a. The property description in the Title Report should be based upon the tax deed. This is the property description that was the subject of the tax foreclosure. This description may differ from the property description contained in the prior deed chain. If there are discrepancies between the tax deed and the prior deed chain, the property description in the tax deed should govern.
b. You may clarify and restate the tax deed's property description, but you should not modify it or add to it. For example, if the tax deed uses an abbreviated description - "SW" instead of "Southwest," it is permissible to clarify the property description by putting it into the customary form for the jurisdiction. In contrast, you should not modify the property description. For example, if a metes and bounds description does not appear in the tax deed, you should not add metes and bounds, even if metes and bounds appeared in the prior deed chain. As a further example, the deed chain may describe appurtenant easements. However, if these easements are not recited in the tax deed, they generally should not be insured.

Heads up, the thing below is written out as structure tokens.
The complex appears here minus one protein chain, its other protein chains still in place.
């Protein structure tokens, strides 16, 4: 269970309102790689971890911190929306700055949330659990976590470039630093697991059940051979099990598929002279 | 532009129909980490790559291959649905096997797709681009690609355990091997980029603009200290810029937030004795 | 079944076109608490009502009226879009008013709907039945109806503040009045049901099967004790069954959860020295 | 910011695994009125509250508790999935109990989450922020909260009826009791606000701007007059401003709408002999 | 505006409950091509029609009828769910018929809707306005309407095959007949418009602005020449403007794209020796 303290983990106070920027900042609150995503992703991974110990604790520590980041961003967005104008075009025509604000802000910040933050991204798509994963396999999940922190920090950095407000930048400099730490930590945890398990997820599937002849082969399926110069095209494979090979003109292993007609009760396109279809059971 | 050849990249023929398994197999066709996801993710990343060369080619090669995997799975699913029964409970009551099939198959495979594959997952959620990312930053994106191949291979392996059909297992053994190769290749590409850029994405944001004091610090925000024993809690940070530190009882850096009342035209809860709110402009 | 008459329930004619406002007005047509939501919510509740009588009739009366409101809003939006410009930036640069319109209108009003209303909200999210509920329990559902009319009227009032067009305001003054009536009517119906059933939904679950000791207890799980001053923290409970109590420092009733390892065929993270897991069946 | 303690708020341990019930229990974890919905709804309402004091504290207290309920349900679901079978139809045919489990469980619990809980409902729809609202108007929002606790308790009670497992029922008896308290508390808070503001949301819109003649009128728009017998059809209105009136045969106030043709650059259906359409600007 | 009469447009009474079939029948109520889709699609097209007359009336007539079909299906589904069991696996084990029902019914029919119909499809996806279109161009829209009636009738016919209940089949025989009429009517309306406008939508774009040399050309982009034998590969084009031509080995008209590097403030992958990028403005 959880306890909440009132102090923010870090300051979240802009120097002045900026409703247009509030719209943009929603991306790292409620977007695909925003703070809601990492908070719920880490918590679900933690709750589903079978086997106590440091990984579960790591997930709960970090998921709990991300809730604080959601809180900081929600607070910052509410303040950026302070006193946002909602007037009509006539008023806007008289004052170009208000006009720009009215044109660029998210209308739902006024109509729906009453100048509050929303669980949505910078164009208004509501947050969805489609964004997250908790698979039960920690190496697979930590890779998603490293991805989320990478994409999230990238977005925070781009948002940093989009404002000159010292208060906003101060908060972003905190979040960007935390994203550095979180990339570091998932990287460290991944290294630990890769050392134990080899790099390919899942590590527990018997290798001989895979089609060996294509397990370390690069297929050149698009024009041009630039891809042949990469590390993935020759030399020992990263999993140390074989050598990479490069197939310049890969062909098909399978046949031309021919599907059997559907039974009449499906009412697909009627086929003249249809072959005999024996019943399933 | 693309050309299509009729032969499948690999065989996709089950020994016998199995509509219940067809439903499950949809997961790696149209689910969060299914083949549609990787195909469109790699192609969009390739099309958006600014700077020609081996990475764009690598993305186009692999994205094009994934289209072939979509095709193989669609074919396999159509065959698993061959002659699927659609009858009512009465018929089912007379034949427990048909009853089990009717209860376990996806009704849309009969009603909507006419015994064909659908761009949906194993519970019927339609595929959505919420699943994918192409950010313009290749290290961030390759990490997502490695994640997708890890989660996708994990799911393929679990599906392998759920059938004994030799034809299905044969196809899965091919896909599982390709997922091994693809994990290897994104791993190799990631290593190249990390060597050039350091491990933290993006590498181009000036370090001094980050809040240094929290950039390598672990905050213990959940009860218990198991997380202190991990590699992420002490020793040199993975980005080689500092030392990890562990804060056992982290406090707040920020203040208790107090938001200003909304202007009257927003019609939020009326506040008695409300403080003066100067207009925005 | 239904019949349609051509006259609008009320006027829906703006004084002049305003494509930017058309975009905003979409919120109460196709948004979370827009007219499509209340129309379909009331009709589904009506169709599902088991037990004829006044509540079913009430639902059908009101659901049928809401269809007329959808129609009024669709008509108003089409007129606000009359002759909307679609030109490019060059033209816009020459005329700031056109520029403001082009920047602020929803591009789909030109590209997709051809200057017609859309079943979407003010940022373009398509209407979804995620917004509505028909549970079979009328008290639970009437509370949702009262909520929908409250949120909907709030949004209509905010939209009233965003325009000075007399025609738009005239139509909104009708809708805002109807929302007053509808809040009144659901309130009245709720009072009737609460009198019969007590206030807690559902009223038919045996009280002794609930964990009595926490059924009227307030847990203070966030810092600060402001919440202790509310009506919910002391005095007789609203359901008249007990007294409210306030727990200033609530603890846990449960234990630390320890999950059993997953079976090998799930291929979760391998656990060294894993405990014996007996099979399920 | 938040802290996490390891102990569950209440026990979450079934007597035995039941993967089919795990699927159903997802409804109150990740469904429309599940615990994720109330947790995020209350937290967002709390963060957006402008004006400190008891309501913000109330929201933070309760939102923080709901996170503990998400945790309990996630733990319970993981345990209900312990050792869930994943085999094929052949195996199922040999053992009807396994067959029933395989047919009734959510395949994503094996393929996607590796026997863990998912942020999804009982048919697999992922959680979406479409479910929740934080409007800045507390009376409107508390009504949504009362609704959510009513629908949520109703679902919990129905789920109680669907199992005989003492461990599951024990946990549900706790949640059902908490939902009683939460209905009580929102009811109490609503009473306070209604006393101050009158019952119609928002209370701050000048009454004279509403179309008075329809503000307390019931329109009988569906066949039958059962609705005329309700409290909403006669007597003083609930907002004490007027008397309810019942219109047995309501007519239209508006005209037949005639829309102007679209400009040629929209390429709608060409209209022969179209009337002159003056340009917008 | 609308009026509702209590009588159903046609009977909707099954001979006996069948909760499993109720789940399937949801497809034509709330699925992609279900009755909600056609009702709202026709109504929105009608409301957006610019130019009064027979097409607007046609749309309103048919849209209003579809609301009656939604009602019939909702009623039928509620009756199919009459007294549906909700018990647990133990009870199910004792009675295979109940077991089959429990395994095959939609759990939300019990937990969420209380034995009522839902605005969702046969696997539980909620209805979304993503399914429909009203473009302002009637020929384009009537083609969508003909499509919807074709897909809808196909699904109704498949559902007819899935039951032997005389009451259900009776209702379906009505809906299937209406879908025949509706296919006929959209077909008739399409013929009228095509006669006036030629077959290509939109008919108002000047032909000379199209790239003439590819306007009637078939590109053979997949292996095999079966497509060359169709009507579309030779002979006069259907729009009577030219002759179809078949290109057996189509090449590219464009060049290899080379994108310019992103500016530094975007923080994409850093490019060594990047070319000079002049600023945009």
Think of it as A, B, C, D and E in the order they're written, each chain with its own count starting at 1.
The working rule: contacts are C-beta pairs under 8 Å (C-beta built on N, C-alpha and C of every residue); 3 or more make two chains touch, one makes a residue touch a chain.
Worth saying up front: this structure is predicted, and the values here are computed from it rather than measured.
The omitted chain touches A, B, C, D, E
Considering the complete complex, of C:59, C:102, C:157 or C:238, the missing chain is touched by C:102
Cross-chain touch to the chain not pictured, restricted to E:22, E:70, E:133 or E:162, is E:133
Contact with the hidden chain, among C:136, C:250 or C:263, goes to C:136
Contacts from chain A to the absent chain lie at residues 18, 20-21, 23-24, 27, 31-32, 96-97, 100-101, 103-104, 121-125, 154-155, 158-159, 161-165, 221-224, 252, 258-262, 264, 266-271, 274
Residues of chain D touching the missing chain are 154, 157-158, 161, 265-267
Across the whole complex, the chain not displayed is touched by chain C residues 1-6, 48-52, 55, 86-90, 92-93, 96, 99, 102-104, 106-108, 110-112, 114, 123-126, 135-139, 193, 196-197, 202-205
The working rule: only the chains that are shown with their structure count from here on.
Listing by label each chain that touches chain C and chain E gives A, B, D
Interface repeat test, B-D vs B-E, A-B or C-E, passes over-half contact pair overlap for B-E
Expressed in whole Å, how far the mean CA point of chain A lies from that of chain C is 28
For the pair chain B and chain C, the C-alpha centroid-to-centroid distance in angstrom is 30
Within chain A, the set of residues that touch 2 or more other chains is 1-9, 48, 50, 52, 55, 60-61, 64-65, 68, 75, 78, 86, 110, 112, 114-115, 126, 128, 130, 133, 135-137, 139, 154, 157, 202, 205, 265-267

c. The amount of acreage should not appear in the property description, even if the tax deed included a reference to the amount of acreage.
d. You should determine that the property description sufficiently describes the property such that it is insurable. In some circumstances, it may be necessary to require a survey in order to create an adequate property description. In most situations a new survey will not be required in order to insure the property. However, your Title Report should always include the standard survey exceptions unless and until the customer obtains a current survey.
6. You should obtain complete copies of:
a. the last deed of record into the foreclosed taxpayer;
b. the tax deed;
c. all unsatisfied mortgages, judgments and liens;
d. all unreleased land contracts, options, rights of first refusal, etc.
C. Sending the Title Report
1. If TTS ordered the Title Report on behalf of an existing customer of TTS, you should send the Title Report to TTS together with the recorded documents described above.